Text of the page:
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In a scene traditionally dominated by men – think Logan Sama, DJ Target, Posty – Julie Adenuga is standing out as an influential voice in UK music. The anchor, who hosts a show on Apple Music’s Beats 1 radio station, will captain and curate one of the six boats setting sail down the Thames for the Red Bull Music Odyssey. Her boat will represent sounds old and new from the UK’s underground radio scene. She’s the perfect fit, considering her start at Rinse FM – arguably the world’s leading grime station – before it was given an FM license in 2010, and of course, the fact that her two older brothers are grime MCs.
Chatting with her over the phone, Adenuga admits that although she is happy that people trust her, she also feels a big sense of responsibility. “It’s quite intense. I’m just honest with myself. I always remind myself that I’m not a superhero and I can’t save everyone. So I just do what I can where I can and try to be as realistic as possible. I know a lot of people look to me as the person who can break them into the music industry, but you know I can’t do that for everyone. I can’t even do it for one person by myself! It takes a lot of support from a lot of people”.
“People look to me as the person who can break them into the music industry, but you know I can’t do that for everyone”
At the helm of a Beats 1 show that’s known for championing new artists, she undoubtedly loves what she does, but shares that making things run as smoothly as they do is a balancing act. “At one point I felt like I had to reply to every email; read every tweet; listen to every track emailed. Unrealistic!” she shouts. “There’s not enough time in the day! I cope with it by making sure I’m listening to new music organically and also, where I can, supporting the things that I’m really and truly passionate about”.
Her line up for the Red Bull Music Odyssey is a reflection of this new found approach. Her boat will feature pioneers such as Heartless Crew, who became a leading force for UK garage in the early 2000s and are now a staple of the scene with anthems like ‘Heartless Theme’. AJ Tracey will be there, as will Capo Lee (who Julie went to school with) and Melvillious, an artist that was recommended to her by SBTV’s Jamal Edwards. “Ever since I met him every tune he has put out has been sick. It’s so weird because we booked the boat before he dropped his EP …and then his EP came out and it was sick as well. Stuff like that is just like confirmation that I’ve done a good job”.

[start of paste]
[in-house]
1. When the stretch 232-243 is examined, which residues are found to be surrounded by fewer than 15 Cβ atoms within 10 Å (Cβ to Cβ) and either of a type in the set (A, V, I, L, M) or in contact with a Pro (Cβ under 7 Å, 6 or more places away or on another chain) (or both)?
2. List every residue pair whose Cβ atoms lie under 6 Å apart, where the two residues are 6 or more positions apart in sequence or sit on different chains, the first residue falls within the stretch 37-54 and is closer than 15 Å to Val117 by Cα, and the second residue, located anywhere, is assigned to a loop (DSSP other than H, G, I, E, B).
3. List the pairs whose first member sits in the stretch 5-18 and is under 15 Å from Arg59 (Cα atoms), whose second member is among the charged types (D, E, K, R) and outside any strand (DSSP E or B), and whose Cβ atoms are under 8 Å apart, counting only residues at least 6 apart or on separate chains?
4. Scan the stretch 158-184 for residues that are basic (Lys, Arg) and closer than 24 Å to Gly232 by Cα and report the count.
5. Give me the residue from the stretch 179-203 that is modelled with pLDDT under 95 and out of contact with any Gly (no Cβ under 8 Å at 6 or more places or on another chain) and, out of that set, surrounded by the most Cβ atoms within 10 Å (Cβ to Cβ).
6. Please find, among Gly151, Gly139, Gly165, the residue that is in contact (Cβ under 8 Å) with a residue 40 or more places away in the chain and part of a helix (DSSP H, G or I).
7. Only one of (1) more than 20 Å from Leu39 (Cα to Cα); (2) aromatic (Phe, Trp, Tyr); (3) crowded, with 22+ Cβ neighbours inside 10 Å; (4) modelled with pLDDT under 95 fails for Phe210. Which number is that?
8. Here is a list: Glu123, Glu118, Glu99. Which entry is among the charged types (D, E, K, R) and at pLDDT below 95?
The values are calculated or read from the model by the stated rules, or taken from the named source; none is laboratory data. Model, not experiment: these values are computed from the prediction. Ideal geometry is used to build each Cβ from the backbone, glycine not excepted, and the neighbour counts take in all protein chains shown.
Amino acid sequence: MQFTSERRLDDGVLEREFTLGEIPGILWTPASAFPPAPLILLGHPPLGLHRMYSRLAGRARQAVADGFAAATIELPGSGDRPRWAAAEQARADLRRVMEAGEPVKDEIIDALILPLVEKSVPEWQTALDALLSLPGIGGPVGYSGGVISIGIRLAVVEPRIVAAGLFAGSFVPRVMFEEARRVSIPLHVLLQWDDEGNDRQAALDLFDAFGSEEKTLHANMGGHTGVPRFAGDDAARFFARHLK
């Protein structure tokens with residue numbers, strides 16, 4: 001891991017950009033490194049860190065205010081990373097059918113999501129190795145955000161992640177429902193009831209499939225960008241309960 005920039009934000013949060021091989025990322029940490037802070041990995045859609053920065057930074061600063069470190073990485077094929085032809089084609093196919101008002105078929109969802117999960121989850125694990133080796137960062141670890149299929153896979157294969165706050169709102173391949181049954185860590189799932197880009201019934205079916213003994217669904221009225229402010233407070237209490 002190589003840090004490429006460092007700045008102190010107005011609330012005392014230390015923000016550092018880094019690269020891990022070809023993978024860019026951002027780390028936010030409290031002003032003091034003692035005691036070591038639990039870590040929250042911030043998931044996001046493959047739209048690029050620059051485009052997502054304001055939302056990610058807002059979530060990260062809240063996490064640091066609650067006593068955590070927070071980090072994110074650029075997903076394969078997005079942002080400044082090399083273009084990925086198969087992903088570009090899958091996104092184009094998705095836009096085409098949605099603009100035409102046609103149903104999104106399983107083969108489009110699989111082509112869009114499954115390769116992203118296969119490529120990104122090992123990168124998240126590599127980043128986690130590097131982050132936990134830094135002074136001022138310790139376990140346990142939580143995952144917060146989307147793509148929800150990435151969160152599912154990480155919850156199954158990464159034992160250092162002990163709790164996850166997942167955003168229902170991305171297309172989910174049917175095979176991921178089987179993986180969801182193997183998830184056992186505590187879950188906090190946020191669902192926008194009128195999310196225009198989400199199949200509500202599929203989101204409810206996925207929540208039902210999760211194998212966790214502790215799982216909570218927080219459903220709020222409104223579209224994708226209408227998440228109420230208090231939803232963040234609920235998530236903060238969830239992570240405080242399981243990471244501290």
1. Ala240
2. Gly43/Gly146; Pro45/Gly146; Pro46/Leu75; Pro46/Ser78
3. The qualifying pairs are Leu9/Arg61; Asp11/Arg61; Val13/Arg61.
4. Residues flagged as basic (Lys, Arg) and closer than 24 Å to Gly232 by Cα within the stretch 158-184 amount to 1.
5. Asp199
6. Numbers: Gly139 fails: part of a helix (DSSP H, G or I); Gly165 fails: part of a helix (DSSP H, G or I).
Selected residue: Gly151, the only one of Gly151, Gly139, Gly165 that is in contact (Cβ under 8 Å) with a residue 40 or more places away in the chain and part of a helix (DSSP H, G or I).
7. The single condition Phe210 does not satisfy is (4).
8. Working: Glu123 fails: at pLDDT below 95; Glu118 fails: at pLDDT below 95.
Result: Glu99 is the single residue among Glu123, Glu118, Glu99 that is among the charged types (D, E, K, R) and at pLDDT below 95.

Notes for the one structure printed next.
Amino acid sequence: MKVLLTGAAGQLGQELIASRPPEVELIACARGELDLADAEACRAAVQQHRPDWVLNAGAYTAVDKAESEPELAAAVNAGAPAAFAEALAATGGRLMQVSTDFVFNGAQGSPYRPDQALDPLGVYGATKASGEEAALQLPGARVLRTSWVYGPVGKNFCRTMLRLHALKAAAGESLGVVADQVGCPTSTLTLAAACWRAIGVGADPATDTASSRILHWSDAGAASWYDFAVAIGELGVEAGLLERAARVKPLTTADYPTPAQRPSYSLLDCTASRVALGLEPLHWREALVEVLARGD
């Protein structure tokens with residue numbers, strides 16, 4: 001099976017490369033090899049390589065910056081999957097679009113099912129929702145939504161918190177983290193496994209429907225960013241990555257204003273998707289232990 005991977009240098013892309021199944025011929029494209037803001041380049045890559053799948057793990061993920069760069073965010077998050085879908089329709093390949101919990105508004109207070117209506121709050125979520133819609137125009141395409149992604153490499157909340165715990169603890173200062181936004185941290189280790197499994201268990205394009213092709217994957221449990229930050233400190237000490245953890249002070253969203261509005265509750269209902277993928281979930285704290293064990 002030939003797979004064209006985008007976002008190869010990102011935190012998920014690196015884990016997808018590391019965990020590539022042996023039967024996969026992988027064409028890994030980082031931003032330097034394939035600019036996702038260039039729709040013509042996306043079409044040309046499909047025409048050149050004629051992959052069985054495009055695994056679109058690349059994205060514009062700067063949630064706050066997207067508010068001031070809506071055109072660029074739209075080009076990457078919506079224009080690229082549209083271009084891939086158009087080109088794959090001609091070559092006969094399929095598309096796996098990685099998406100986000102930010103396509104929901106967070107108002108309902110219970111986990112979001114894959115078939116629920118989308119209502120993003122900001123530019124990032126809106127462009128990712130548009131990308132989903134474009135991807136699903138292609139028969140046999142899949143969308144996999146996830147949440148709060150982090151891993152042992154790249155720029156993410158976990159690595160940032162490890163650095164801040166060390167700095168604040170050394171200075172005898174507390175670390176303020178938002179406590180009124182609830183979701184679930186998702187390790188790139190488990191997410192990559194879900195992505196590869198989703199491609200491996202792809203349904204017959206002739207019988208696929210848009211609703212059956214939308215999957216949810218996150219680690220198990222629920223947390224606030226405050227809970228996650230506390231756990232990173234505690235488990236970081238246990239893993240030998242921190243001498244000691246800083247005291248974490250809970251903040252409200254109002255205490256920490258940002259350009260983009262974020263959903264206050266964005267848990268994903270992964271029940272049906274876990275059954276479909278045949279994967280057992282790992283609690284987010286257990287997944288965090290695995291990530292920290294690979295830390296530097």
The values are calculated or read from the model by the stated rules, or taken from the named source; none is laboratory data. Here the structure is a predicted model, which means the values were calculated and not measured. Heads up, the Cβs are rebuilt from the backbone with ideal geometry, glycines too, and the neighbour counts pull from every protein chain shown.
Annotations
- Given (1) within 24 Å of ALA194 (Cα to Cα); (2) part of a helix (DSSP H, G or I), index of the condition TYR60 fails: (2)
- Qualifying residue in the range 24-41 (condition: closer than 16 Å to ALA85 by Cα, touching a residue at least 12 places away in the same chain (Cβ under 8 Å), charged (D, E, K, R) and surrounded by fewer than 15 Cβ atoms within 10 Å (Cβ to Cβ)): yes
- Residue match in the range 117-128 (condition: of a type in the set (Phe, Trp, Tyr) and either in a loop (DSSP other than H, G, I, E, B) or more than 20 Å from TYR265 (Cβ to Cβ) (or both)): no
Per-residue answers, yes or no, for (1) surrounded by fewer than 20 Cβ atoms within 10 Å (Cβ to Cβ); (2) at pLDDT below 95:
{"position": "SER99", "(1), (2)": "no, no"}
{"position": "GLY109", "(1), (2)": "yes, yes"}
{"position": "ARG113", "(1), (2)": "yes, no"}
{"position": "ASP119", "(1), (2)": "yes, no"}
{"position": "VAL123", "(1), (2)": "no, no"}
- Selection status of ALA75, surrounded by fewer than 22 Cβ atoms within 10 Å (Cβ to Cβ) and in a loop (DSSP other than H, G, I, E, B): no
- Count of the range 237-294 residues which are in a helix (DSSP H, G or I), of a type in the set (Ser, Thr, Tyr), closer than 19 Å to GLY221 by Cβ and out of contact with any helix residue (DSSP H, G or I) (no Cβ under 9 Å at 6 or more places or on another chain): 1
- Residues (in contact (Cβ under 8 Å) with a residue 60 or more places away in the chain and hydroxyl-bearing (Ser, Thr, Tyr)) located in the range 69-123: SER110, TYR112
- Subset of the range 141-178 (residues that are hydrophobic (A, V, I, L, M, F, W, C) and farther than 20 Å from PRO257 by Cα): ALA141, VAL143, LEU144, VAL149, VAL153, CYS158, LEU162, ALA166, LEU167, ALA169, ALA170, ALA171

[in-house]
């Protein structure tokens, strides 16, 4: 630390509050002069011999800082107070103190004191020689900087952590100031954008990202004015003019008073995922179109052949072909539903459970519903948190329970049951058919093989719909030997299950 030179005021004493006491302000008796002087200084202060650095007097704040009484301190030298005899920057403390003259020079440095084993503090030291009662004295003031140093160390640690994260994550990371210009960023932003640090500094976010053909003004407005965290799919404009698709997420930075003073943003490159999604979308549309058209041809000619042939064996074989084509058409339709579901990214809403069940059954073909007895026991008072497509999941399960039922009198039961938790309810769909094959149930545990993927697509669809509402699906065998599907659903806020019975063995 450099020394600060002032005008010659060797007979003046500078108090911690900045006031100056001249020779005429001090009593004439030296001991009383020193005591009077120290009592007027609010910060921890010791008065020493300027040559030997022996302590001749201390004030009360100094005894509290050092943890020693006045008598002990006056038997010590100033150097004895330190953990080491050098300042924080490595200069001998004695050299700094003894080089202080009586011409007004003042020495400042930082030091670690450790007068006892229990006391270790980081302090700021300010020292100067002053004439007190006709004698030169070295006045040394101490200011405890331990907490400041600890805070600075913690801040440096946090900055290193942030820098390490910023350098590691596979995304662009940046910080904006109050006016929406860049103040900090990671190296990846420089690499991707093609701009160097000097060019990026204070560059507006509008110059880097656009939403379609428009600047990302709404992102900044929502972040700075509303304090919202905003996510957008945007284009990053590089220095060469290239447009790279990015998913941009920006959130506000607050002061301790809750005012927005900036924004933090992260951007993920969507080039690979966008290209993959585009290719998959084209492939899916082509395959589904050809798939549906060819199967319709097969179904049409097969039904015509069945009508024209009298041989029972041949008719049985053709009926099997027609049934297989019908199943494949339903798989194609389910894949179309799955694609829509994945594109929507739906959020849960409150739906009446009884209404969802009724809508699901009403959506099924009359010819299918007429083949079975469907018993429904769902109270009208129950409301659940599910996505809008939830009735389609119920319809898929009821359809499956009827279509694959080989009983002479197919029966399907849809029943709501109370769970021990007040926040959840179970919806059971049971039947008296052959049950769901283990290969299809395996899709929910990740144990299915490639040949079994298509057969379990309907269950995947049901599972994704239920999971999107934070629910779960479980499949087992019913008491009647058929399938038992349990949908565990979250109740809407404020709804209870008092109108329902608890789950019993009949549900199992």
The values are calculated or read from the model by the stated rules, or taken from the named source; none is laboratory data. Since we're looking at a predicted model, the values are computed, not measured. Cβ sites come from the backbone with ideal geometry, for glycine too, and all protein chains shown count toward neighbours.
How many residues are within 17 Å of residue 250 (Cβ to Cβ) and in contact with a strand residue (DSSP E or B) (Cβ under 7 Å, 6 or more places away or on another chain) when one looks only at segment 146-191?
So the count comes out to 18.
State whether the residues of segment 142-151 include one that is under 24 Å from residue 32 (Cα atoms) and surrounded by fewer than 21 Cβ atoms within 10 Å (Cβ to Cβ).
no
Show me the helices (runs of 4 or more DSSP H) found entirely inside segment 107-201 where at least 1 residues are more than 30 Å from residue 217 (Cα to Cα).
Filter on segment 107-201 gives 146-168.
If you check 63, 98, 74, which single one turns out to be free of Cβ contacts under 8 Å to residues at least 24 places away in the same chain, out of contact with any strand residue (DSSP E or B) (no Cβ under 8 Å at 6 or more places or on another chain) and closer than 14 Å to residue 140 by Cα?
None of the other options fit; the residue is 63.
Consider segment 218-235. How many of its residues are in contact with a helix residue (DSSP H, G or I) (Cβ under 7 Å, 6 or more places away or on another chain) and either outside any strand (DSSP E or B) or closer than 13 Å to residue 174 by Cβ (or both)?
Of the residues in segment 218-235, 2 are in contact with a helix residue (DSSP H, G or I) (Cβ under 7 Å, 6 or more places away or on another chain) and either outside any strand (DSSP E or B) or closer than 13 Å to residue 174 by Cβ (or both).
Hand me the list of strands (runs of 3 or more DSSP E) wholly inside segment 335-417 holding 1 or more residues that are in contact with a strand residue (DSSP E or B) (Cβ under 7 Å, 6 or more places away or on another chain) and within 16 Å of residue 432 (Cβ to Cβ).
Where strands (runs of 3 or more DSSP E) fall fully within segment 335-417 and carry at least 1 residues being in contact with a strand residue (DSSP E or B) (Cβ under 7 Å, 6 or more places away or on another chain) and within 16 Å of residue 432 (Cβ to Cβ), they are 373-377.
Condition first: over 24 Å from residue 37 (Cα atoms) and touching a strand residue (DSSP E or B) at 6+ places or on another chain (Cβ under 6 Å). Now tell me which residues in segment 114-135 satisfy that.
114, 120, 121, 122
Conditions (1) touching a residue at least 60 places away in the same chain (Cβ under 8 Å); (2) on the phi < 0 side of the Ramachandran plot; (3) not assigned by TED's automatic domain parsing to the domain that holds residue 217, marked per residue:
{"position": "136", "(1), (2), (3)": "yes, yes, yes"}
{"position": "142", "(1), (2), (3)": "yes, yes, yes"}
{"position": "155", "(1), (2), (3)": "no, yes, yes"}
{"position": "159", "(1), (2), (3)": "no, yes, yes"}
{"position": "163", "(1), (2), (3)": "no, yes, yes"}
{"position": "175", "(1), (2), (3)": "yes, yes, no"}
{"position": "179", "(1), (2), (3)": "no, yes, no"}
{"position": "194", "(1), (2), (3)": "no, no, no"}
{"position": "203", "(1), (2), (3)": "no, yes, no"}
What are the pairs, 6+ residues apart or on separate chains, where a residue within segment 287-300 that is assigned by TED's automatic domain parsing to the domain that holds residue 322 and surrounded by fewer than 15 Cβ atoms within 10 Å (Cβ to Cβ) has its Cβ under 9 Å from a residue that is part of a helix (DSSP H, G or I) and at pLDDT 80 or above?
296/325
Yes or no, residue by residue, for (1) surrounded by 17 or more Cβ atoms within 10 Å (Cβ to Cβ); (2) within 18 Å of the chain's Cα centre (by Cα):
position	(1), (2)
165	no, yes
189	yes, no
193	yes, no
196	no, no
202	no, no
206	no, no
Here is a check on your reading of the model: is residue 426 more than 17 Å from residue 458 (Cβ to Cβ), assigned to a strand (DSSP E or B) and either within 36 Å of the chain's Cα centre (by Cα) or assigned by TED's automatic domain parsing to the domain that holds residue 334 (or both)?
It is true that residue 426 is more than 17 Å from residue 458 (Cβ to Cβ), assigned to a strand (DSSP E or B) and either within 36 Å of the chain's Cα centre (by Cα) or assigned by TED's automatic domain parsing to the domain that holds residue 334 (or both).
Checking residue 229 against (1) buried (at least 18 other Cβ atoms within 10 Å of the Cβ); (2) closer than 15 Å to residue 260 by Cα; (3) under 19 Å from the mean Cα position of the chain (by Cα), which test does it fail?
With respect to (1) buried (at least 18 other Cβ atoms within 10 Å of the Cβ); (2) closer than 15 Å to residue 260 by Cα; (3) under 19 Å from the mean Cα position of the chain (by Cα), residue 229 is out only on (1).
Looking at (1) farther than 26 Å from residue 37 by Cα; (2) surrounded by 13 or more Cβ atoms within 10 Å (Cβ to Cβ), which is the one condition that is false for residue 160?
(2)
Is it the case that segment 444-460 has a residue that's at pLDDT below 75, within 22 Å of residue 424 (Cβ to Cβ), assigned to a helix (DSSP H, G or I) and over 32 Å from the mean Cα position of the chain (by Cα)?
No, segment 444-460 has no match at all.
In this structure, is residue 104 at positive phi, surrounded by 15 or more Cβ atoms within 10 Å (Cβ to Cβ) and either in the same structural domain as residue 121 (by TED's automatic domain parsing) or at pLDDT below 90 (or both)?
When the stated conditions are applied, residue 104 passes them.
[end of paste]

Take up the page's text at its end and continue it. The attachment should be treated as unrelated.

I’m not sure that anyone could name as many female artists on the underground scene in the early 2000s as they can now. Back then, there was Ms. Dynamite, Estelle and Alesha Dixon would do some one-two bits for Mis-Teeq. But now, the list goes on and on: Lady Leshurr, IAMDDB, Stefflon Don, Nadia Rose and Flohio, who has also been chosen for the line-up. Julie attributes the initial lack of women to laziness. “For example, when I was booking the boat it would be crazy if I didn’t include women. The underground scene doesn’t have a heavy female presence, but the women are there. It’s just easy and lazy to book the obvious”.
She explains what she thinks has caused the rise in female artists. “People have noticed they weren’t making an effort to find women to perform. That in turn breeds more women feeling confident about making music”. Ms. Dynamite is Adenuga’s favourite from the old school and she’s just deeped that they have never met. “She was like the big sister I never had. Ms. Dynamite was a black woman who did her hair like me and wore clothes like me. It just gave me someone to lean on.” She pauses to recollect when she may have encountered her… ”Oh my God I can’t believe I’ve never met Ms Dynamite”.
But how has underground scene has changed since she started at Rinse? The rise of social media has meant a lot of things just aren’t underground anymore. “Yeah, but they still have an underground feel to them. They’re just on a bigger scale. I don’t think it’s a bad thing. I just think there is not enough space for people to practice, to be a little bit shit and get better.”
Nowadays, she continues, “people can make big hits and win really quickly which means they have a lot less space to grow. Or people will get on board with a song more because an artist has a big following and looks really popular when actually they’re not very good. Then people start to become accustomed to a lower quality of music and a lower quality of artistry. That’s the downside about the underground living on the mainstream. There are no batting cages”.
“There is not enough space for people to practice, to be a little bit shit and get better. People can make big hits and win really quickly”
Now undisputedly a tastemaker, Adenuga credits her progression to her stubbornness and just being present in the right spaces. “Everything I was doing was centred around music. If you wanted to think of someone to be a presenter you couldn’t not think of me because I was always around! It’s not doing anything apart from what you’re passionate about. And I’ve said no to all the things I don’t think I’m right for. That’s very important.” Success for Adenuga (as well as being comfortable enough to wake up at 11 in the morning) is getting to do stuff like her partnership with Red Bull. “Them asking me to curate this boat is really really a big deal. This is the same brand that made Culture Clash!” In a decade or so, Adenuga admits she’d love to see people she’s brought on her show being in the same space as Stormzy, Skepta, Dizzee Rascal, Kano. “I hope I’m a part of making that happen at least”.
Julie Adenuga will captain The Transmission boat as part of Red Bull Music Odyssey on 30th June 2018. Tune in to Red Bull Radio on the night to listen live